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Using RNA Sequencing Data to Detect Variants of Interest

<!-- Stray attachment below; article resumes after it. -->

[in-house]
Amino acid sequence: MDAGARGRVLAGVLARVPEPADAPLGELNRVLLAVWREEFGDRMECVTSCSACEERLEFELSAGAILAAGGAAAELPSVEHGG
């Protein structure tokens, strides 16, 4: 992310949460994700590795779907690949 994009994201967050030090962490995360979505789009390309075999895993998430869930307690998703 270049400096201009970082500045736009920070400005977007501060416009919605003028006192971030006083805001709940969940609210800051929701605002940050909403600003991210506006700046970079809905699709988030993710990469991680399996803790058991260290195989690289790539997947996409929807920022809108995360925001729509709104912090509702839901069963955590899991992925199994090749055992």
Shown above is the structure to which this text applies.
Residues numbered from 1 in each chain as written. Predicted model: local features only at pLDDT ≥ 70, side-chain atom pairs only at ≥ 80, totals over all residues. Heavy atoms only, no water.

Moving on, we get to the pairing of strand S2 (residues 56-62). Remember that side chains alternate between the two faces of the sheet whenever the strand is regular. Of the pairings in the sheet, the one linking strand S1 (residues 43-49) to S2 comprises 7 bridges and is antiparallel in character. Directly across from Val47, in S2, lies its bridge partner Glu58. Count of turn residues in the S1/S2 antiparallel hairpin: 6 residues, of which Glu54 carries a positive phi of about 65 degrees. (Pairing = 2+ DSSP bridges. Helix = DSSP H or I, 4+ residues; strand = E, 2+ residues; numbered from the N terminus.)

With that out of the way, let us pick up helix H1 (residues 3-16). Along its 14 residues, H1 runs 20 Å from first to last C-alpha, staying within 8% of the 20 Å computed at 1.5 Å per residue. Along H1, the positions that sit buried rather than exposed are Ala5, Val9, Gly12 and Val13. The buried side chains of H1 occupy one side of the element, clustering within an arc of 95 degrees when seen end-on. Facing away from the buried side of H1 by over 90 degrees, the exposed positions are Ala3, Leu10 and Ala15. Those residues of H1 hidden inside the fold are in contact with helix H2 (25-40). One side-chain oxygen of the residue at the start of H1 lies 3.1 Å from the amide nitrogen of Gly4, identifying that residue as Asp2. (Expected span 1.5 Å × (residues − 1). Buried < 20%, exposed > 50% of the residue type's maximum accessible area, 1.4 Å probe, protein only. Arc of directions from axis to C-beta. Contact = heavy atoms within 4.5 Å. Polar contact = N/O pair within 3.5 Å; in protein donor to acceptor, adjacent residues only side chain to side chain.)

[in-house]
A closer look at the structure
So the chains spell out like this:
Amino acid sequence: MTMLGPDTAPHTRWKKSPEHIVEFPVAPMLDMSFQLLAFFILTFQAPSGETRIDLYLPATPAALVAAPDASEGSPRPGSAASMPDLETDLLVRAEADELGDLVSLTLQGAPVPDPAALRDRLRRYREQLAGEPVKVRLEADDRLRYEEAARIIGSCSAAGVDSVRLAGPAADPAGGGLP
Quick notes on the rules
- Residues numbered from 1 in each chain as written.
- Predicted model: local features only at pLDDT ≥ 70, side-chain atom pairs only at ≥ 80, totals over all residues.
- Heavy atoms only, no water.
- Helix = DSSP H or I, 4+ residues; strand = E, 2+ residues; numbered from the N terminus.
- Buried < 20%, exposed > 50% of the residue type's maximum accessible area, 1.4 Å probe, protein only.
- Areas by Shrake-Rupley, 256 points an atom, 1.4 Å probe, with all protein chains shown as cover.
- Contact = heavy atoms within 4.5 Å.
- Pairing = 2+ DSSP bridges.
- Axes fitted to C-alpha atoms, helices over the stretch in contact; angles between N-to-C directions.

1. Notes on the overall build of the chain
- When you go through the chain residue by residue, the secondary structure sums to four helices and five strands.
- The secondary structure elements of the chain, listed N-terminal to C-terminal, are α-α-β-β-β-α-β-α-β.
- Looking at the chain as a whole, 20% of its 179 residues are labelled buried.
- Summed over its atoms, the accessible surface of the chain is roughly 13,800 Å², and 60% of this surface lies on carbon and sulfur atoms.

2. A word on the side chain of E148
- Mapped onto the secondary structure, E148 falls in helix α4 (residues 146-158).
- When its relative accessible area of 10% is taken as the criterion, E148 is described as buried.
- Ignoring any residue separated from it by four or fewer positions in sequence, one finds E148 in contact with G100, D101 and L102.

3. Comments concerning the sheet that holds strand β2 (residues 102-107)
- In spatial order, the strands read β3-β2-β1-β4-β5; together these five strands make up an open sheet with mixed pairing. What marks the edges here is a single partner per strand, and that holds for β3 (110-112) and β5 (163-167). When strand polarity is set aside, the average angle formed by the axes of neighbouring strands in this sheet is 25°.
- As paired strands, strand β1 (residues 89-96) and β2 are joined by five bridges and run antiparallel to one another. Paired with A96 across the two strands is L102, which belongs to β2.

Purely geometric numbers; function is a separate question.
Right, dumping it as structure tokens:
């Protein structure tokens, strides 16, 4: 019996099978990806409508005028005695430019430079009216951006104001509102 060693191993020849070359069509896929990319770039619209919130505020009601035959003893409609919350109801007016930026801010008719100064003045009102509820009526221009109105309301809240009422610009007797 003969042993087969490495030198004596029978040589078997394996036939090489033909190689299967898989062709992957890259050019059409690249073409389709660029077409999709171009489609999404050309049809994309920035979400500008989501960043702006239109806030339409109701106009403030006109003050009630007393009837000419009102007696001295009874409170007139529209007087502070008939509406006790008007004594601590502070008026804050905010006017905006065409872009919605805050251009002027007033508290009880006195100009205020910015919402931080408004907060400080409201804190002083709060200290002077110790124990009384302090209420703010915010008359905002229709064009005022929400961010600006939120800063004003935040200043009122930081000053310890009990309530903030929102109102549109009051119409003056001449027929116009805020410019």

The primary function for RNA sequencing (RNA-seq) is to investigate the transcriptome through differential gene expression. For cancer and other genetic diseases, detecting variants in the genome is critical for our understanding of how these diseases begin and progress. Here, I will present computational methods focused on using RNA-seq to detect disease-associated variants. We developed RNA-VACAY, a containerized high-throughput pipeline that automates somatic variant calling in RNA-seq data. We analyzed 1,349 RNA-seq samples from the Pan-Cancer Analysis of Whole Genomes (PCAWG) Project and found that RNA-VACAY can accurately identify somatic variants of interest using tumor RNA-seq, alone. Our pipeline also does not require a matched normal sample to detect somatic variants, which is commonly unavailable in research or clinical settings. RNA-VACAY can also successfully identify 5’ and 3’ UTR variants, which are overlooked when using WES data. Additionally, we analyzed RNA-seq data to characterize splicing variants. We found a splice site variant associated with a previously detected variant of uncertain significance in a patient with an undiagnosed genetic disorder. We also developed a computational method for efficiently designing guide RNAs for a CRISPR/Cas9 screen to detect exon skipping events associated with tumor formation. Our work demonstrates the impact of RNA-seq for detecting functional variants in genetic diseases.

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